Giant Fox Studios faced a different sort of challenge. The card game Batsu is based on a live Japanese-style game show of the same name in New York City, and Giant Fox Studios was making a healthy amount of sales of its card game adaptation after every show. When the pandemic kicked in, the show was shut down as a nonessential business - and that meant that Giant Fox Studios' only physical sales location for the card game closed down, too.
"We first started selling the game at the show's gift shop in November 2019," said Jaime Fraina, founder of Giant Fox Studios. "It was going great and we were getting a few sales at each of the 10 shows they did each week, but the pandemic caused that to come to a screeching halt. We quickly set up an online store and tried to get more visibility to the game digitally. In August 2020, we ran a successful Kickstarter that got 600% funded and allowed us to continue working on the game, we wouldn't be talking about it right now if it wasn't for those backers that supported us last year."
Beat the Bomb Shows How Escape Rooms Had to Innovate
My focus thus far has been on indie tabletop devs, but they're far from the only small companies that have been affected by the pandemic. Escape rooms, too, have been affected in a similar fashion due to their very nature of being an in-person activity.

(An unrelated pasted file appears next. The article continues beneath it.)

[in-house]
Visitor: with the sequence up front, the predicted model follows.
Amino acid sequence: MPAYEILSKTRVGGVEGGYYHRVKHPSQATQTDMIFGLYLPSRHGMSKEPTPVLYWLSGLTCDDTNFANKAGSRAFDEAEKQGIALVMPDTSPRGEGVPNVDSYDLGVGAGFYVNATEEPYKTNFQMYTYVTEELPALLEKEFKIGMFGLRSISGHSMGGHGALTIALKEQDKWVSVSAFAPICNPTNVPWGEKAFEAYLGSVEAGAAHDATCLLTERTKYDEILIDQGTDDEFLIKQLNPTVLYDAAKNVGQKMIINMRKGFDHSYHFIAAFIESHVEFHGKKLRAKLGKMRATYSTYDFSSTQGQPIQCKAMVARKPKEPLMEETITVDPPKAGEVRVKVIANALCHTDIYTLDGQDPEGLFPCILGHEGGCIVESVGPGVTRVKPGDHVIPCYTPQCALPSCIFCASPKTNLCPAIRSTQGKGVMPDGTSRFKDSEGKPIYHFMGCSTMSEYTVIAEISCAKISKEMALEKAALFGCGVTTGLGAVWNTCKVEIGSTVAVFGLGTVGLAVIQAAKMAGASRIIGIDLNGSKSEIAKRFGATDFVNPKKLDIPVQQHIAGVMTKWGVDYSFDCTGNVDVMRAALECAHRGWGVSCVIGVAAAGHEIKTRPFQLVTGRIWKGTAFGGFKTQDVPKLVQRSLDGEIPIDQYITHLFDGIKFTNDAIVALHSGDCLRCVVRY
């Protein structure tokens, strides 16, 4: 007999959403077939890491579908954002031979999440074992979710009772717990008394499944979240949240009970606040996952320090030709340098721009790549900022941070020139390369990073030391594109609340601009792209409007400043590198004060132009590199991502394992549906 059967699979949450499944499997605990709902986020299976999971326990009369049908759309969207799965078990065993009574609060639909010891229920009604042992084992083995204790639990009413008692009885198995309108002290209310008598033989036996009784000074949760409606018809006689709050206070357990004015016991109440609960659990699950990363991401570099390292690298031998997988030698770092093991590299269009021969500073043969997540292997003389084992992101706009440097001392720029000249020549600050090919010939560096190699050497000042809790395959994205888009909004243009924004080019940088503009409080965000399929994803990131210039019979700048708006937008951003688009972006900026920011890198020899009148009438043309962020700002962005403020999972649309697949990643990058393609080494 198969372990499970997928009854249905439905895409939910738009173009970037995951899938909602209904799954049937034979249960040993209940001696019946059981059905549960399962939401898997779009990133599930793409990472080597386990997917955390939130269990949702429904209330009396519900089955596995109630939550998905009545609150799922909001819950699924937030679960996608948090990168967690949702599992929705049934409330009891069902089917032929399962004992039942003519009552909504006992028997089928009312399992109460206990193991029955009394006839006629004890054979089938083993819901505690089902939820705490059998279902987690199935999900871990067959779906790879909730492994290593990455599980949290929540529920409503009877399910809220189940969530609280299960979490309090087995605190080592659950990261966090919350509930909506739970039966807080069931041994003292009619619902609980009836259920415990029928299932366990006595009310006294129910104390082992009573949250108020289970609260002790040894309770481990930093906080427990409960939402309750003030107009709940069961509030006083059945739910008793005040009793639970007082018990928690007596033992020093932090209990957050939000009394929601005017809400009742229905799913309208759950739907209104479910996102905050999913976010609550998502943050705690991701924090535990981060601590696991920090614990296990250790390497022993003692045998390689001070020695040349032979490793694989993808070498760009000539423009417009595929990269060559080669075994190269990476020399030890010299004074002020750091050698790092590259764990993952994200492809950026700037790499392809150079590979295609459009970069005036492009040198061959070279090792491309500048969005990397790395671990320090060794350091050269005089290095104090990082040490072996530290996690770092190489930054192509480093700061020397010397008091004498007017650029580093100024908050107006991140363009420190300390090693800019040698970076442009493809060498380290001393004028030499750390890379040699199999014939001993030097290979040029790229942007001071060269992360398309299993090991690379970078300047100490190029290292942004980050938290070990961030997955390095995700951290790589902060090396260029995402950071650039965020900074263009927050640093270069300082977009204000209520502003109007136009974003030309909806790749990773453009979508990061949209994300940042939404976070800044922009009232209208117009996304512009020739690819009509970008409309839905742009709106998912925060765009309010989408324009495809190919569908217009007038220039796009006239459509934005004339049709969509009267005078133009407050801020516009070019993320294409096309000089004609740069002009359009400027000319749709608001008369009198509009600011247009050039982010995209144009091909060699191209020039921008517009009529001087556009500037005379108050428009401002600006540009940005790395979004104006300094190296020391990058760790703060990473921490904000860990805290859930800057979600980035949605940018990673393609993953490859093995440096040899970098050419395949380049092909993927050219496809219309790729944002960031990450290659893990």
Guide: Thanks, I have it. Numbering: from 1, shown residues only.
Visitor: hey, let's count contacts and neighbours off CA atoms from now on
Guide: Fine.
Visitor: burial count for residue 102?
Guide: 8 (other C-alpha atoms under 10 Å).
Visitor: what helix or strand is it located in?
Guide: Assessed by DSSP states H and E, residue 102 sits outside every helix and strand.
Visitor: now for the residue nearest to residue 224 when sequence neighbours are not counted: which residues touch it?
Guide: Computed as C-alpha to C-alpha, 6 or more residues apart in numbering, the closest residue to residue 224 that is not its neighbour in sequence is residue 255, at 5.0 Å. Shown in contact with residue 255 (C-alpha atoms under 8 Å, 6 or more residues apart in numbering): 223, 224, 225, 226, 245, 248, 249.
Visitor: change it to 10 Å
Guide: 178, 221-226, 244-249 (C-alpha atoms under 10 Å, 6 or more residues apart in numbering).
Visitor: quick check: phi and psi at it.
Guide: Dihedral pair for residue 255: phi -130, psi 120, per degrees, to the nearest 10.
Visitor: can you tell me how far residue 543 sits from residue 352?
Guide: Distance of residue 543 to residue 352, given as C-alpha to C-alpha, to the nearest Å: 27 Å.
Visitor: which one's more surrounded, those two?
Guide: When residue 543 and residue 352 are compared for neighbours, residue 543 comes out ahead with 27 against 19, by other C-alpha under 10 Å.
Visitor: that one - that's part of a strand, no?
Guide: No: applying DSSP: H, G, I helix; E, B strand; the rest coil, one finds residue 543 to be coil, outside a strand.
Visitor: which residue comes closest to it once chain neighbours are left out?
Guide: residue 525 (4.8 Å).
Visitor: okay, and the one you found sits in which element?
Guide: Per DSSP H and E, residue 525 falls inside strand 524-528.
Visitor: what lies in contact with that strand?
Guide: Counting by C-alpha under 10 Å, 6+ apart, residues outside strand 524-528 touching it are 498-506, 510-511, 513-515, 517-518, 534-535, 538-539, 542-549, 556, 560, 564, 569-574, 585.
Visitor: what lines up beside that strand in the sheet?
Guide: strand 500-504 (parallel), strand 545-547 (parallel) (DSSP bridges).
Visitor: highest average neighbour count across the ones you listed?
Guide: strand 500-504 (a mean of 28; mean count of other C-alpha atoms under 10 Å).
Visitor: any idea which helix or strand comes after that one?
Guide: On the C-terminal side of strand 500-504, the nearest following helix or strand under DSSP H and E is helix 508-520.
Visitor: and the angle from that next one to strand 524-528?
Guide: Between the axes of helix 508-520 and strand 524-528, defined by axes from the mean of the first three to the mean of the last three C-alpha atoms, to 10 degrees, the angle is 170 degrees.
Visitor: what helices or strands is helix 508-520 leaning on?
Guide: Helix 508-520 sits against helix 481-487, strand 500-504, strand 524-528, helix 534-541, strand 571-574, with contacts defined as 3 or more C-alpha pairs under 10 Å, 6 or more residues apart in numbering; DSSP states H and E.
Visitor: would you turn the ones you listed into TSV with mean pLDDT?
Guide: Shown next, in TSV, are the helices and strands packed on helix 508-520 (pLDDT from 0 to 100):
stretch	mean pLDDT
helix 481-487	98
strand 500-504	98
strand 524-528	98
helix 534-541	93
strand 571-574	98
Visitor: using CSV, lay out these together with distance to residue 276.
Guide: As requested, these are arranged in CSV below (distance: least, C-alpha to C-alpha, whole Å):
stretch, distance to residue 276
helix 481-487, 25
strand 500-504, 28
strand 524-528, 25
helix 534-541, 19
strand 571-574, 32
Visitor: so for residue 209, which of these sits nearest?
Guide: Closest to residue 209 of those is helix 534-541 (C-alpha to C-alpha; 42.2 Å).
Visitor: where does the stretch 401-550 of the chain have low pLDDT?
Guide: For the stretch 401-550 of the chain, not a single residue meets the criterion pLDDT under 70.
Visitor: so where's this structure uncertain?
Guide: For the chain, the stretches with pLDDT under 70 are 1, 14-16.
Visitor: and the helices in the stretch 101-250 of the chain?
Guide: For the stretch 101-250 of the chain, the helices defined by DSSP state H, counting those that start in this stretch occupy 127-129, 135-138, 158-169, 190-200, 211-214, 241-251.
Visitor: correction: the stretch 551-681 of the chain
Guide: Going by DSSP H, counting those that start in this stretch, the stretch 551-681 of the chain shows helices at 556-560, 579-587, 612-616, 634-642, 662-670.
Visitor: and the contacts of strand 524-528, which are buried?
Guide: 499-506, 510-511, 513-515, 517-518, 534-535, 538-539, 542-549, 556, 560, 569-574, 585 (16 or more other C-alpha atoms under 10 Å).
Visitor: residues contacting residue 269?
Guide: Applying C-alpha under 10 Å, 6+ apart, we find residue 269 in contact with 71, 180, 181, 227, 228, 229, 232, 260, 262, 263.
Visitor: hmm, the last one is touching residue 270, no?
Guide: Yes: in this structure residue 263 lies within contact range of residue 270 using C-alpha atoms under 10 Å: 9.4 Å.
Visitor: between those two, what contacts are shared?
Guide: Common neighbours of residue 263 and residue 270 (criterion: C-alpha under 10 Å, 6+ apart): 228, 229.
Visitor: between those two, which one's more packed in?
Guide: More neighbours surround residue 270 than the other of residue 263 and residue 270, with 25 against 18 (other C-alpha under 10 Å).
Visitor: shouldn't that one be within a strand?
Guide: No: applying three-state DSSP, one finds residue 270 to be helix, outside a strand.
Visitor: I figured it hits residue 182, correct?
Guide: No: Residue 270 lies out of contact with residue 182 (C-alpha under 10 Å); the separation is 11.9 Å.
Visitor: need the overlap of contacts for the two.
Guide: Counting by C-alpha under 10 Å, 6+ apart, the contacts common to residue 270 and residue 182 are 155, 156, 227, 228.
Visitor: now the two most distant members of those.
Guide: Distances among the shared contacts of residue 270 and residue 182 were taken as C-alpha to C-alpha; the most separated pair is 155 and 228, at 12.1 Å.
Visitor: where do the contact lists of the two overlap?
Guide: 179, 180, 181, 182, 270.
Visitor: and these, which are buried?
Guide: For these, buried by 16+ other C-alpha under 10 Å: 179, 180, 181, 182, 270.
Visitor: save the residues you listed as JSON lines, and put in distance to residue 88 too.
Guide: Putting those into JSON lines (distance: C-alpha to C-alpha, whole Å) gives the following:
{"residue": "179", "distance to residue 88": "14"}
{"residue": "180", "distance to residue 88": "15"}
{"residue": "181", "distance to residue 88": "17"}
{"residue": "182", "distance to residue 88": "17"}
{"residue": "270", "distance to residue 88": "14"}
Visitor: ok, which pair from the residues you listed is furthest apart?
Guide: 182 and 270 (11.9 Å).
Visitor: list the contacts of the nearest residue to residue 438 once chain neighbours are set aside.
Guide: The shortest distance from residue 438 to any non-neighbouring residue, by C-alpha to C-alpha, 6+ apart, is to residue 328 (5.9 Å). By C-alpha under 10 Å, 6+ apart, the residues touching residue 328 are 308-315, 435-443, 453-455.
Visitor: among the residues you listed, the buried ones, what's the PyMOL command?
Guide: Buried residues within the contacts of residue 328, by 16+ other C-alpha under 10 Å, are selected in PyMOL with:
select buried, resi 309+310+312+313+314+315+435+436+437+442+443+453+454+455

Beat the Bomb is a unique hybrid of escape rooms and video games where players are challenged to solve a series of puzzles before a paint-filled bomb explodes. Players are provided with hazmat suits to protect their clothing because it can get pretty messy if things go awry. As one might expect, the shutdown of nonessential businesses forced this company to innovate.
"We were shut down for six months mid-March 2020, through mid-Sept 2020," Beat the Bomb's CEO Alex Patterson told me. "We had to institute COVID-safety protocols upon reopening in mid-Sept, which required us to learn and keep up to date daily. We were limited to 25% of our legal occupancy from mid-Sept 2020 until May 2021, which impacted our revenue-generating ability."